God entrusts the physical rule of this world to the bajula, the superior spirits. Nevertheless, the rule of human souls he entrusts to the baribó, or souls of the heads of the diverse families that compose the Bubi race. The reason for this unique theology relies on, simply, that people will give more care and greater interest in the conservation, magnification and perfection of their own things. That is, the heirs of a family or lineage will work with greater zeal and efficacy for the conservation and prosperity of their own. They also claim that the souls of the deceased in the other world are quite informed of all that occurs in their respective families. It is from here that they believe as unquestionable facts: Rupé nèttè e baesó bocho, boae o mmo a bo ori. (“God himself creates the man, but the souls of one’s own family buy it.”) A Rupé a le eeria a banna, boae e le oddò. (“God gave me life, but in death he buys me.”) A baribó ba pur’ ommó ba l’eka a loko lamma. (“The souls of the dead from the other world follow all that happens in this world.”) Morimó okòne B. mmo le okò. (“I belong to the spirit.”) Morimó oróne. (“The spirit bought me.”)
The Bubis divide the other world into three regions. The first is lobakoppuá, that is, God’s own residence where he lives with the blessed angels. The second is ommó ich’orie, which is hell, where the rebellious angels and the souls of the wicked are tormented; and the third is ommó boeboe, or limbo, a place situated between heaven and hell. In this place happily live the souls of those who, dying in this mortal life, toil now for the common good.
No man or bad angel enters into heaven. God is there in his glory with the blessed angels who worship him and rejoice in him. In hell, bad angels and men suffer unheard of torments. In limbo live only good men, those who enjoy natural wealth, peace, and tranquillity. Here they live grouped in families under the fatherly direction of the first patriarch of each one of them. Their only occupation is to help and to favor those within their power, their family members who still remain in this exile. They celebrate festivals for their prosperity and are greatly distressed by their adversities.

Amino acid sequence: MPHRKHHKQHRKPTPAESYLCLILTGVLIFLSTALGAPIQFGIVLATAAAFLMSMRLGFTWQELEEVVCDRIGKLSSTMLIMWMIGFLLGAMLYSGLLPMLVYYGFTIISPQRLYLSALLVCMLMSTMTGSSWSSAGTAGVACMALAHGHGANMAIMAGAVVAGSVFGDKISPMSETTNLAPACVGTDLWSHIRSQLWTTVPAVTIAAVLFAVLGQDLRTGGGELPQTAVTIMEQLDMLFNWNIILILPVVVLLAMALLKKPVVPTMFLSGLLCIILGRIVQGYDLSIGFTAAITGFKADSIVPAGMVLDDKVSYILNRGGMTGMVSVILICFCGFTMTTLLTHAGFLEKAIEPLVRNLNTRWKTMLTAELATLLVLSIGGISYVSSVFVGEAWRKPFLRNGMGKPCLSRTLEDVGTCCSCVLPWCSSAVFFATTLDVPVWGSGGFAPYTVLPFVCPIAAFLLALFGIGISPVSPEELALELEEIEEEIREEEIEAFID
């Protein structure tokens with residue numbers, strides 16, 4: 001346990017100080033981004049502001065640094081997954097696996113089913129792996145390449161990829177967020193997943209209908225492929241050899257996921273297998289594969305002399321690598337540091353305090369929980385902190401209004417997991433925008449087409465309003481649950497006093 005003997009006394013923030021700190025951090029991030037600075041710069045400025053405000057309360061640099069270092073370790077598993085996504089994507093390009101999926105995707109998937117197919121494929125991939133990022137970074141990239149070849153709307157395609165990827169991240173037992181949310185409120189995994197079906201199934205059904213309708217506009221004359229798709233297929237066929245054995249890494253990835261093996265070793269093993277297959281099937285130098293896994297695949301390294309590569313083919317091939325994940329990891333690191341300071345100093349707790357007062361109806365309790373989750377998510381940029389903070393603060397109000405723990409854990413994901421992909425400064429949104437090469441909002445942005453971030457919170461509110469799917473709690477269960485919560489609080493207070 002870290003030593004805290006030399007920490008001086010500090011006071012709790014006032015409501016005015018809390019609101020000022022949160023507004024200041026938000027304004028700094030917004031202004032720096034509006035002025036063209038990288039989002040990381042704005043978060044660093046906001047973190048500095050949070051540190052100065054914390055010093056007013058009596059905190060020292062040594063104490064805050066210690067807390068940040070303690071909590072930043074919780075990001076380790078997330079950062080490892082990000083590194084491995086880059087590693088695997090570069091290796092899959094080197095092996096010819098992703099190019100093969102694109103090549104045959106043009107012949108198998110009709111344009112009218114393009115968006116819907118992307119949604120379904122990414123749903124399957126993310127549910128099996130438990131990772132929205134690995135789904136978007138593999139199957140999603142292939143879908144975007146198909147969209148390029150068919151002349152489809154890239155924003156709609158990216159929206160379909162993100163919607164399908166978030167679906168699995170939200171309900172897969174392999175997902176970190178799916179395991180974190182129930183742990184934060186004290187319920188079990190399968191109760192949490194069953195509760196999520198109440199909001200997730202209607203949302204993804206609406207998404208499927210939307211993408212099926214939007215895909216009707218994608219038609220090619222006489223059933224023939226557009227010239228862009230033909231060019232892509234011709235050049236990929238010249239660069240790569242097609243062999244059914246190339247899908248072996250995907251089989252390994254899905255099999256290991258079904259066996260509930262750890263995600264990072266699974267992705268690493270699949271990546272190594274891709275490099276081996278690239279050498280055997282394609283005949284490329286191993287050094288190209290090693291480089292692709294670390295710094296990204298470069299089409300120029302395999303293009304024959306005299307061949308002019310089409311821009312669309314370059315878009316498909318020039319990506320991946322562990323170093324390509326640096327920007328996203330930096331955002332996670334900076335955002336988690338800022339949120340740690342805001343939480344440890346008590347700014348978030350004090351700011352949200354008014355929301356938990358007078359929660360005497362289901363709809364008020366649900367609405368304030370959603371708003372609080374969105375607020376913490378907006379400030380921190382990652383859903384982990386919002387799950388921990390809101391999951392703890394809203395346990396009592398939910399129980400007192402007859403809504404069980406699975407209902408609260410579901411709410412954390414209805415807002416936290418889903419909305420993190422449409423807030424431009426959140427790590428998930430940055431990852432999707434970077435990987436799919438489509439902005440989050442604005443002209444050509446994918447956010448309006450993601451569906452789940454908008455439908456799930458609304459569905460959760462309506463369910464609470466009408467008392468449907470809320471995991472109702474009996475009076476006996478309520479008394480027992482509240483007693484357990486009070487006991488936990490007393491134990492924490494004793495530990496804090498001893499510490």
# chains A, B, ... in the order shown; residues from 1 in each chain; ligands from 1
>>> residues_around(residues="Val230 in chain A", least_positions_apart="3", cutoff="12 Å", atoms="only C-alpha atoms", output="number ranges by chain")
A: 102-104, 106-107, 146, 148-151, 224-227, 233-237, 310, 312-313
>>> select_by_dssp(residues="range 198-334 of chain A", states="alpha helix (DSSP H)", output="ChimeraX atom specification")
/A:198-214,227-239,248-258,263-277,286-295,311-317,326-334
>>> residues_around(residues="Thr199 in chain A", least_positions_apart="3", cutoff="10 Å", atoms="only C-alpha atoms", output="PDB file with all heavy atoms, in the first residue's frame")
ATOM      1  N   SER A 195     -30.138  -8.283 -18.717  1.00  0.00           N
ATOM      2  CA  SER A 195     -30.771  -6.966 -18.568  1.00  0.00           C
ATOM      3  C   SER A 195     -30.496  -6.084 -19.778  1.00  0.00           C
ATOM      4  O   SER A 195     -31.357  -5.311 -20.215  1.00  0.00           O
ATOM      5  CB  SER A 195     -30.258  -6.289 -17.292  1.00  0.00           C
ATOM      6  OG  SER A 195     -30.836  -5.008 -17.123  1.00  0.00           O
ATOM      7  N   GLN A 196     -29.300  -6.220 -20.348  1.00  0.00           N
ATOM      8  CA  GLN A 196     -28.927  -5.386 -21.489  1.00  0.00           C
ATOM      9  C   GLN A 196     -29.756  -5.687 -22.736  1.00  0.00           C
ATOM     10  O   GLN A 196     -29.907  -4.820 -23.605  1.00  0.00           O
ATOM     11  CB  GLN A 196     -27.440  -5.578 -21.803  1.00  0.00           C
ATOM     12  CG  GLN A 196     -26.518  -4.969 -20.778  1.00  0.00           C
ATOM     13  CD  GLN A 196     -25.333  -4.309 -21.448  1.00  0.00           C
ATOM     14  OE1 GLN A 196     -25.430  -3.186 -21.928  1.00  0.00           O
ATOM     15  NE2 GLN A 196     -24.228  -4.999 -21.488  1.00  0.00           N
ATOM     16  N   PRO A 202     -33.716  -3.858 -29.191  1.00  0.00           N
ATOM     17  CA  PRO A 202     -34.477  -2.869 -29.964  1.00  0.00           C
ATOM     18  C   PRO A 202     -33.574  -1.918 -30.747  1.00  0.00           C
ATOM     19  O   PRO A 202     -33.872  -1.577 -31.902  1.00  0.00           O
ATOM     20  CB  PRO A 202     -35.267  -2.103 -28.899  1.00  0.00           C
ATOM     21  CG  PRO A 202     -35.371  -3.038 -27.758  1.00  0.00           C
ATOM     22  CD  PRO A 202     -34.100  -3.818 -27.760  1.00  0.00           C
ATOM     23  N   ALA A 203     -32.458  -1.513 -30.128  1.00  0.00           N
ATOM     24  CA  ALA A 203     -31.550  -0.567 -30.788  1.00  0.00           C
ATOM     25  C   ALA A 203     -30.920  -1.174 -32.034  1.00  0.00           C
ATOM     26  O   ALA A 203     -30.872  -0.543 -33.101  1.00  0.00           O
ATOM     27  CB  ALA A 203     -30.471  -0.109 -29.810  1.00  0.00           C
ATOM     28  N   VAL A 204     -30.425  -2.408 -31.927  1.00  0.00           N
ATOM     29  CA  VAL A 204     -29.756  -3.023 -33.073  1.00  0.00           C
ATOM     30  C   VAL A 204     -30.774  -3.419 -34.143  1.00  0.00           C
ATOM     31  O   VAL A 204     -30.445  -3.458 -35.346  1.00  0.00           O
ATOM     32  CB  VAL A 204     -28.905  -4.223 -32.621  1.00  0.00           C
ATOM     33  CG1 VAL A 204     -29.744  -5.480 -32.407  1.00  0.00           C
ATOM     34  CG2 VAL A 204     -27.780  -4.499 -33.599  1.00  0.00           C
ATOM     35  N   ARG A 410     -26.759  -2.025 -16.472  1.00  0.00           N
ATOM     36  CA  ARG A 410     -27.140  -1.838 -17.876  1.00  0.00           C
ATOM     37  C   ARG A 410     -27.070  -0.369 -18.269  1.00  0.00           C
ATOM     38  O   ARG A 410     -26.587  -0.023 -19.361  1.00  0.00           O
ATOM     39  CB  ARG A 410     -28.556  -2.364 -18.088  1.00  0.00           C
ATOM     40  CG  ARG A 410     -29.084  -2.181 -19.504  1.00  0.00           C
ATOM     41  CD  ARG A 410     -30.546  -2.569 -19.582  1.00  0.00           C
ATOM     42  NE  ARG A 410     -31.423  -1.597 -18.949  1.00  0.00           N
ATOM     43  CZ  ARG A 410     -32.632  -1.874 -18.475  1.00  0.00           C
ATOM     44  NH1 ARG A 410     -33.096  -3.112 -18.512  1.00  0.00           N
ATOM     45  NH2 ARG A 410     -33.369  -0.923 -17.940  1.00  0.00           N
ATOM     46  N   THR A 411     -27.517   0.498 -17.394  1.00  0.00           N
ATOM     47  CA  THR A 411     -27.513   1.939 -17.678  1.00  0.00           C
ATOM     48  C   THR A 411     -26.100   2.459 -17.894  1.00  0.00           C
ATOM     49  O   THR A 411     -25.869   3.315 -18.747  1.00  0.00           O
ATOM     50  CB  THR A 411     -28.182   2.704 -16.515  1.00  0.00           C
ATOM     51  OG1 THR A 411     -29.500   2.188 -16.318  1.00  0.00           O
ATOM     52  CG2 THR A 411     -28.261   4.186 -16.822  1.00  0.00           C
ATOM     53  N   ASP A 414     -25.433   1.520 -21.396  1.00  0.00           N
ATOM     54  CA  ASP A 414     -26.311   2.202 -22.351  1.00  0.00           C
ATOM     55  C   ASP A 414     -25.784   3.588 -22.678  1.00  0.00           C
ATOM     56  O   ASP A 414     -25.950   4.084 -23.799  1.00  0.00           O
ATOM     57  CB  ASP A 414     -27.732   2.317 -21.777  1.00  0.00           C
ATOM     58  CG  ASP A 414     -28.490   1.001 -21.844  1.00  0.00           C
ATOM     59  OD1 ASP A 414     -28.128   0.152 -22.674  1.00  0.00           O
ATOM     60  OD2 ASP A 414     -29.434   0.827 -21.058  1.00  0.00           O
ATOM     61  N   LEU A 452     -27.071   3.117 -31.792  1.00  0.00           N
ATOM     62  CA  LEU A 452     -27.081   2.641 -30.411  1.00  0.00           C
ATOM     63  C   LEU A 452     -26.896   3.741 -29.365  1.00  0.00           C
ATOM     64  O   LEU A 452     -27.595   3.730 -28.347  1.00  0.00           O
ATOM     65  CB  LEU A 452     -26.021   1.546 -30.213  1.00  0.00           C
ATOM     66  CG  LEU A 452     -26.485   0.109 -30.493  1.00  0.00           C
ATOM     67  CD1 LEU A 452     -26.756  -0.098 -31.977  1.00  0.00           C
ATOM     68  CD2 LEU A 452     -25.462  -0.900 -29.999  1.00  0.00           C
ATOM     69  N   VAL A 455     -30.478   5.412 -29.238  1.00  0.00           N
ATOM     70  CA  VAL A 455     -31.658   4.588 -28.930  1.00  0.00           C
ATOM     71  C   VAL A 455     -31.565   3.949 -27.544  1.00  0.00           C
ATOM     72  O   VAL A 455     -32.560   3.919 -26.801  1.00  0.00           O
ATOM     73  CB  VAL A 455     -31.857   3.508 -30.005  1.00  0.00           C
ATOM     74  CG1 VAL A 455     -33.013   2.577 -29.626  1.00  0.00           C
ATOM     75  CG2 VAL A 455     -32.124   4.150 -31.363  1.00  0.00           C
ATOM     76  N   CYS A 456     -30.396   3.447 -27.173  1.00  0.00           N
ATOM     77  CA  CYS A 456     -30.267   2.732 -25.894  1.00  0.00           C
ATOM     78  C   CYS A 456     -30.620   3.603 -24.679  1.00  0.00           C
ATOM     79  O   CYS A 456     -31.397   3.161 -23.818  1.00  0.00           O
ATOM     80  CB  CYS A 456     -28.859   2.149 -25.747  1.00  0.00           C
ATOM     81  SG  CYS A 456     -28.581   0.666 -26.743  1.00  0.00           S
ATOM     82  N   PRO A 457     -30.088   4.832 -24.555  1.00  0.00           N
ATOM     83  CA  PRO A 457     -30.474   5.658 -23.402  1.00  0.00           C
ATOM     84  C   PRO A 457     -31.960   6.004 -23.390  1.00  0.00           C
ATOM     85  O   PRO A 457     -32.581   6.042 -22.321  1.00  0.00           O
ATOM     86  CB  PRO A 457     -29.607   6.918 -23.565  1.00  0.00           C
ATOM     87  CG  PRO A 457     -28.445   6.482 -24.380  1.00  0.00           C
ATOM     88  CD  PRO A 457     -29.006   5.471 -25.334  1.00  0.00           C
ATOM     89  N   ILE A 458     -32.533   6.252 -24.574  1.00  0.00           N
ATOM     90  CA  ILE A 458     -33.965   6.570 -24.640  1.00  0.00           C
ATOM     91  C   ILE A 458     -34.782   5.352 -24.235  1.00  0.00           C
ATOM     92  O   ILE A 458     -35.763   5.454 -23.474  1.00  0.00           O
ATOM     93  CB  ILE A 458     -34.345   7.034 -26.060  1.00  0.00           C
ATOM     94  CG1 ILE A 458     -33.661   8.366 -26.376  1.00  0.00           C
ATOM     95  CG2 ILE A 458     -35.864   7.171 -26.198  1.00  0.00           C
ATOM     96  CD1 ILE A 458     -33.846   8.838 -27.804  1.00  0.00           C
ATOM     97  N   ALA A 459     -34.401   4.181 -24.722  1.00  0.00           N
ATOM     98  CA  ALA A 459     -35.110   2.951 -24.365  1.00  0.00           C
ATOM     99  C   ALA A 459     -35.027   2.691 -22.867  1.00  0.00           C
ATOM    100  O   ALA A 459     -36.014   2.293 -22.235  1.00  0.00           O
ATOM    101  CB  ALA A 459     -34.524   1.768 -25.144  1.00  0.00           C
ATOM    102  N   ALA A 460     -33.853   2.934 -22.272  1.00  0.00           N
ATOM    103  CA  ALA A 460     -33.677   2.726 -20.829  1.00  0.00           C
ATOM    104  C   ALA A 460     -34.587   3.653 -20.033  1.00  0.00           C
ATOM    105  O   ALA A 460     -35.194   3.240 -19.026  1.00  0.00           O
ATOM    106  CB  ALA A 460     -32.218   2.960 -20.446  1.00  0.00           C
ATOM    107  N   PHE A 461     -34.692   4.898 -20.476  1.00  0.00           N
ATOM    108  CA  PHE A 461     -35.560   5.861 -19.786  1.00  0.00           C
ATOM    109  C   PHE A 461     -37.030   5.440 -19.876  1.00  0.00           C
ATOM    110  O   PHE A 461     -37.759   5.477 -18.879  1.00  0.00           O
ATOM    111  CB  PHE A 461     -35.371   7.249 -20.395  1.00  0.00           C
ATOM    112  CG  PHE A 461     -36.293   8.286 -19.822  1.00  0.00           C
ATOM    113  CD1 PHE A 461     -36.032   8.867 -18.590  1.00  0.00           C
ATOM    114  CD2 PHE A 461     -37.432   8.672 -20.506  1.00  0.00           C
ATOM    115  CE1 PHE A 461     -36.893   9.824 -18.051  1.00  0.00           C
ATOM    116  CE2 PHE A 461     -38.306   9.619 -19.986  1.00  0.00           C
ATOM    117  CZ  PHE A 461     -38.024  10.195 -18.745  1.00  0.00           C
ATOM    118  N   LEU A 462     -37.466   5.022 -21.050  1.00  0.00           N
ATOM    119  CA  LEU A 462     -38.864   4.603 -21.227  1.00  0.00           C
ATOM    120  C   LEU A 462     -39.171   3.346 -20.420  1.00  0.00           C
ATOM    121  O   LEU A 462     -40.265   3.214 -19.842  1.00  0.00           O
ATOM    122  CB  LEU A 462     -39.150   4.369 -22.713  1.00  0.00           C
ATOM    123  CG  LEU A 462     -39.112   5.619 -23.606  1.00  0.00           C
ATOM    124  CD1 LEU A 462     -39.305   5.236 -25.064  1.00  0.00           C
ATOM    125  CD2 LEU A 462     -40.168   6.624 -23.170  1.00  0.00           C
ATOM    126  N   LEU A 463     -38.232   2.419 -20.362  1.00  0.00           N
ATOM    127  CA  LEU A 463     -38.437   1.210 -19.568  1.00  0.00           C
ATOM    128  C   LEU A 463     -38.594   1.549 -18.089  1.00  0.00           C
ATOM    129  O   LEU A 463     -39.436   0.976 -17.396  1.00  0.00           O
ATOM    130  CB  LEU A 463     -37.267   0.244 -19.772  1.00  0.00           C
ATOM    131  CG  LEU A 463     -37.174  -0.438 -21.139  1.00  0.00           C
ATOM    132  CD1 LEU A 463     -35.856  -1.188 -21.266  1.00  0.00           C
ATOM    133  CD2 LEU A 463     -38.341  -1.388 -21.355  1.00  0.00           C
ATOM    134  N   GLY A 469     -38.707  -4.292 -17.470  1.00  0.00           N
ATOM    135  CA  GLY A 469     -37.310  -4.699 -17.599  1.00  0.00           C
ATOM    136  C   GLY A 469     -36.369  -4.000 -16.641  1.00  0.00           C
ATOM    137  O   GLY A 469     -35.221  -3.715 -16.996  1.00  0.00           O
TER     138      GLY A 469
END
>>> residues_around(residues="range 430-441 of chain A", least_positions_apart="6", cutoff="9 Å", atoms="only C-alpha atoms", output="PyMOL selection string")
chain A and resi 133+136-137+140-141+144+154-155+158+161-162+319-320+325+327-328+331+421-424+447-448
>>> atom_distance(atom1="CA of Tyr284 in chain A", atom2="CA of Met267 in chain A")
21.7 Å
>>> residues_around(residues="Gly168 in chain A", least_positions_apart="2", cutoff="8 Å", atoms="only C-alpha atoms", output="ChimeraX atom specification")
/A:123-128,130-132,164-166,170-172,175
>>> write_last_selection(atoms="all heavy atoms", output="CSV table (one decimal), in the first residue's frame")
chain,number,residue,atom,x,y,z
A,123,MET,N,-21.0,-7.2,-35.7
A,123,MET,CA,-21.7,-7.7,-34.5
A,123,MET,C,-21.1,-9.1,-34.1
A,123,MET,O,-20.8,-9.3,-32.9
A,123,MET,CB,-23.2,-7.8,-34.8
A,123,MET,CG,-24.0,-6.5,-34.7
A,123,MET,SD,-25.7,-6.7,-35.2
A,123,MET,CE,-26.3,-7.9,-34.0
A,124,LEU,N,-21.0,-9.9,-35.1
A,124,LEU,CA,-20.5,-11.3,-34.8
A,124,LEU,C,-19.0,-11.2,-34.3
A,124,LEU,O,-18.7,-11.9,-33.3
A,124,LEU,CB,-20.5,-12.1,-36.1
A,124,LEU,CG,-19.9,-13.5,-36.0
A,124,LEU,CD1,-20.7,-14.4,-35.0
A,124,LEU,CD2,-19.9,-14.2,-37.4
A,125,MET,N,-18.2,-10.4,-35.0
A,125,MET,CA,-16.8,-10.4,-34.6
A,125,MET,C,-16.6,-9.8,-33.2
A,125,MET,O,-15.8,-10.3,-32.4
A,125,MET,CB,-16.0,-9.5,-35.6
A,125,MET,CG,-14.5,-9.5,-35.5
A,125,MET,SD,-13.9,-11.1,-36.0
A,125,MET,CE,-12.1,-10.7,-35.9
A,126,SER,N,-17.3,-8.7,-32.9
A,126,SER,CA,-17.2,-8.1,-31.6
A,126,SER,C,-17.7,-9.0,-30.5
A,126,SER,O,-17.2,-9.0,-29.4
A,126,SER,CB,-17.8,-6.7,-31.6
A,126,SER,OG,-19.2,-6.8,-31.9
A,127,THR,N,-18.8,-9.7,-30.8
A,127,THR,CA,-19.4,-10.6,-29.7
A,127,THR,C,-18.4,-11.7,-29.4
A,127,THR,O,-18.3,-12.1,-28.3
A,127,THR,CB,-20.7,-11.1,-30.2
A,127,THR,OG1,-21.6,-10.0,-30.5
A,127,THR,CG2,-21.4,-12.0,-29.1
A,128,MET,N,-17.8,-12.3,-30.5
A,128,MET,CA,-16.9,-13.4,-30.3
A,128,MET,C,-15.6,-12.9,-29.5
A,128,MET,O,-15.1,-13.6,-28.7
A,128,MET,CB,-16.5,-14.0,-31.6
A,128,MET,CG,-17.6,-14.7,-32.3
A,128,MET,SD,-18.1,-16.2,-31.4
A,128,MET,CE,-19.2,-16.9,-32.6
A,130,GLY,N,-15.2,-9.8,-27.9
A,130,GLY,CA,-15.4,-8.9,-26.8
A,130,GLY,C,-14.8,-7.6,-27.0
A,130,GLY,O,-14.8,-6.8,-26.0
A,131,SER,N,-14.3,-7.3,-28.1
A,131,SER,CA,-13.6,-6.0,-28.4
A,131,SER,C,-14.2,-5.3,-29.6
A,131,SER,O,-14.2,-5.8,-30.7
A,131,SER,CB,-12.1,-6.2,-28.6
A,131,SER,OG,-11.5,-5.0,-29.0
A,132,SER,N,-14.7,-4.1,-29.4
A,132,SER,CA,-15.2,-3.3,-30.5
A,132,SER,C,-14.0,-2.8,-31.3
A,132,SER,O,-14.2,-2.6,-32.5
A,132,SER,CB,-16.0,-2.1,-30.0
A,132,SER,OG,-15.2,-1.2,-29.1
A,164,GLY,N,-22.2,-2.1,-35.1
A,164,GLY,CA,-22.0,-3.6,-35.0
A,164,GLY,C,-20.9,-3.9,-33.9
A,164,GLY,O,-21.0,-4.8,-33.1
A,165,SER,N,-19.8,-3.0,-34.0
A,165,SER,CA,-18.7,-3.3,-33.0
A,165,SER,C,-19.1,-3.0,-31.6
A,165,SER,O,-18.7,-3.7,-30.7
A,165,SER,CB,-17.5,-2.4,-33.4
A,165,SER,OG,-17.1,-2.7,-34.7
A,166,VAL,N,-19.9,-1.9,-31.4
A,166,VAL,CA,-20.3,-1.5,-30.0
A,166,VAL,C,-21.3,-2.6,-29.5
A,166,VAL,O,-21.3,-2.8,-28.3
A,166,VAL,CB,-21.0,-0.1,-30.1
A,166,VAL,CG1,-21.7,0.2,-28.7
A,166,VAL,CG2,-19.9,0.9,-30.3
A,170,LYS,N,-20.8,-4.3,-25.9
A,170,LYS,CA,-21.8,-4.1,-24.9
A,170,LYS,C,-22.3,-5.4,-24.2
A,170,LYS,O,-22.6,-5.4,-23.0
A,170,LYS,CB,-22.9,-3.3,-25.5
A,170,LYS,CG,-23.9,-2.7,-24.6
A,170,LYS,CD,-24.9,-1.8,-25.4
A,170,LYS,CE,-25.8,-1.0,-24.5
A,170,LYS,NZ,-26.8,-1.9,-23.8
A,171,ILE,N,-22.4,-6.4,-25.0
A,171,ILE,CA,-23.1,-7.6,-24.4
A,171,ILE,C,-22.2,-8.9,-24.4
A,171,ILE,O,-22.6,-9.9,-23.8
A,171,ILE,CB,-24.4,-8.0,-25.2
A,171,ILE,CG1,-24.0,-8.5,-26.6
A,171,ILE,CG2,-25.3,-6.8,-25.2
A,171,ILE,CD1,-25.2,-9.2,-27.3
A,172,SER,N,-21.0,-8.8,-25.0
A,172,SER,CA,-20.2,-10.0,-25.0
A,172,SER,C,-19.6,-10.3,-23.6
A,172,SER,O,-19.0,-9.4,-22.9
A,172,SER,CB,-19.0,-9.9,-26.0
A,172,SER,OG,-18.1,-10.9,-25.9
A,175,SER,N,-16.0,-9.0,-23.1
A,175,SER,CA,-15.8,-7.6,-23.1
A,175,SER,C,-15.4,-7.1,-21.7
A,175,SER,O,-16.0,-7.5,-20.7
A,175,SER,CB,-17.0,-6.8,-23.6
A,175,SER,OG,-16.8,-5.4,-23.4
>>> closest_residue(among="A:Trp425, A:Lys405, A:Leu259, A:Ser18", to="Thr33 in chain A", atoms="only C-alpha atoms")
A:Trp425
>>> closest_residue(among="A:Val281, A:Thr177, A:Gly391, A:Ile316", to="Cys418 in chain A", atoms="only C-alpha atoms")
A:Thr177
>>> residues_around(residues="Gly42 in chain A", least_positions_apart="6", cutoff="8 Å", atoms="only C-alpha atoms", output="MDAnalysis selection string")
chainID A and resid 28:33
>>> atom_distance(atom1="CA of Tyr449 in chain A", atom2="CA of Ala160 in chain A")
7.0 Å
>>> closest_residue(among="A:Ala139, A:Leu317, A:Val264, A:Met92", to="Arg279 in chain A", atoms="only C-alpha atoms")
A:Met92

God permits the bammó bèbè to live in places appointed on earth. Thus the great mmo Chibo lives in Pico Basa or Santa Isabel mountain, Esahá in Lake Claret, Lopelo in
Lake Loreto, Lombe in the lagoon of his name in Balacha, and Ole in the depths of the Tudela River. The spirit Moalala lives in the grotto of Riasaká, Ebachú in the mountains of his own name, also called the San Carlos mountains, Jíoba in the cavern of Rebola, and Laja in the Baney cavern and Moeri mountain. There are so many others it would be a long-winded, meticulous chore to enumerate them.
The bajula abé can leave hell and go wandering where they please, but wherever they are they bring torment and work to destroy the good works of the barimó bèbè. When a sick person recovers his health, they say that he has beaten the morimó moemoe, and if he dies, the morimó mobé has won this victory.
This word, literally, means one who worships the spirits. In this sense all the ancient Bubis, in general, were spirit worshippers. But, more specifically, it means a person devoted especially to the particular cult of one of the innumerable spirits that they have.
According to general belief, spirits reside in the island’s important mountains, valleys, forests, trees, crags, lakes, lagoons, and rivers. Thus, bojiachiba is worshipper of the spirit Chiba; bojialaja, adorer of the spirit Laja; bojiamohalala, of the spirit Mohalala; mohiaole, of Ole, mojialombe, of Lombe, and that’s enough, because they are innumerable.
In times that were, in each region there existed various bojiammó, some more powerful than others. They distinguished them in a singular manner. The bojiammó were held in high esteem: they assisted in all the assemblies, and their decisions, counsel, and resolution carried great weight. In serious illness, death, and notable calamities they alone were consulted to find out the cause of such and to know the best way to a terrible and complete revenge.
The general belief of all the blacks is that illness, death and other adversities afflicting humanity never come from God, but from spells and witchcraft practiced by perverse and malevolent persons.
In addition, the work of bojiammó was one of the best paid, inasmuch as all those who consulted him must present offerings of goats, chickens, yams, oil, palm wine, liquor, cognac, etc. No one came to him with empty hands or the bojiammó would give no answer. If the bojiammó gave counsel and ordered sacrifices to appease the spirits of grandparents, or to plead for the health of a sick person, or to ask the prosperous outcome of some battle or notable undertaking, he took away the victim’s greatest and best share.
The great desires of the bojiammó consisted in consecrating and devoting himself in body and soul to the will of the spirit (mmó) of his particular devotion. To do this, he called with intense anguish to the spirit, invoking it with screams to take possession of him and enter his body: ba jorá be jeri choppo, which is to say that one vehemently desired to be an energumen, entirely possessed by the spirit. “Choppo” means crazy or possessed, inasmuch as the spirit that took possession of man made him crazy and he made incoherent and absurd sounds. I have seen that at times they talk and act utterly crazy or, better said, possessed or demon-possessed.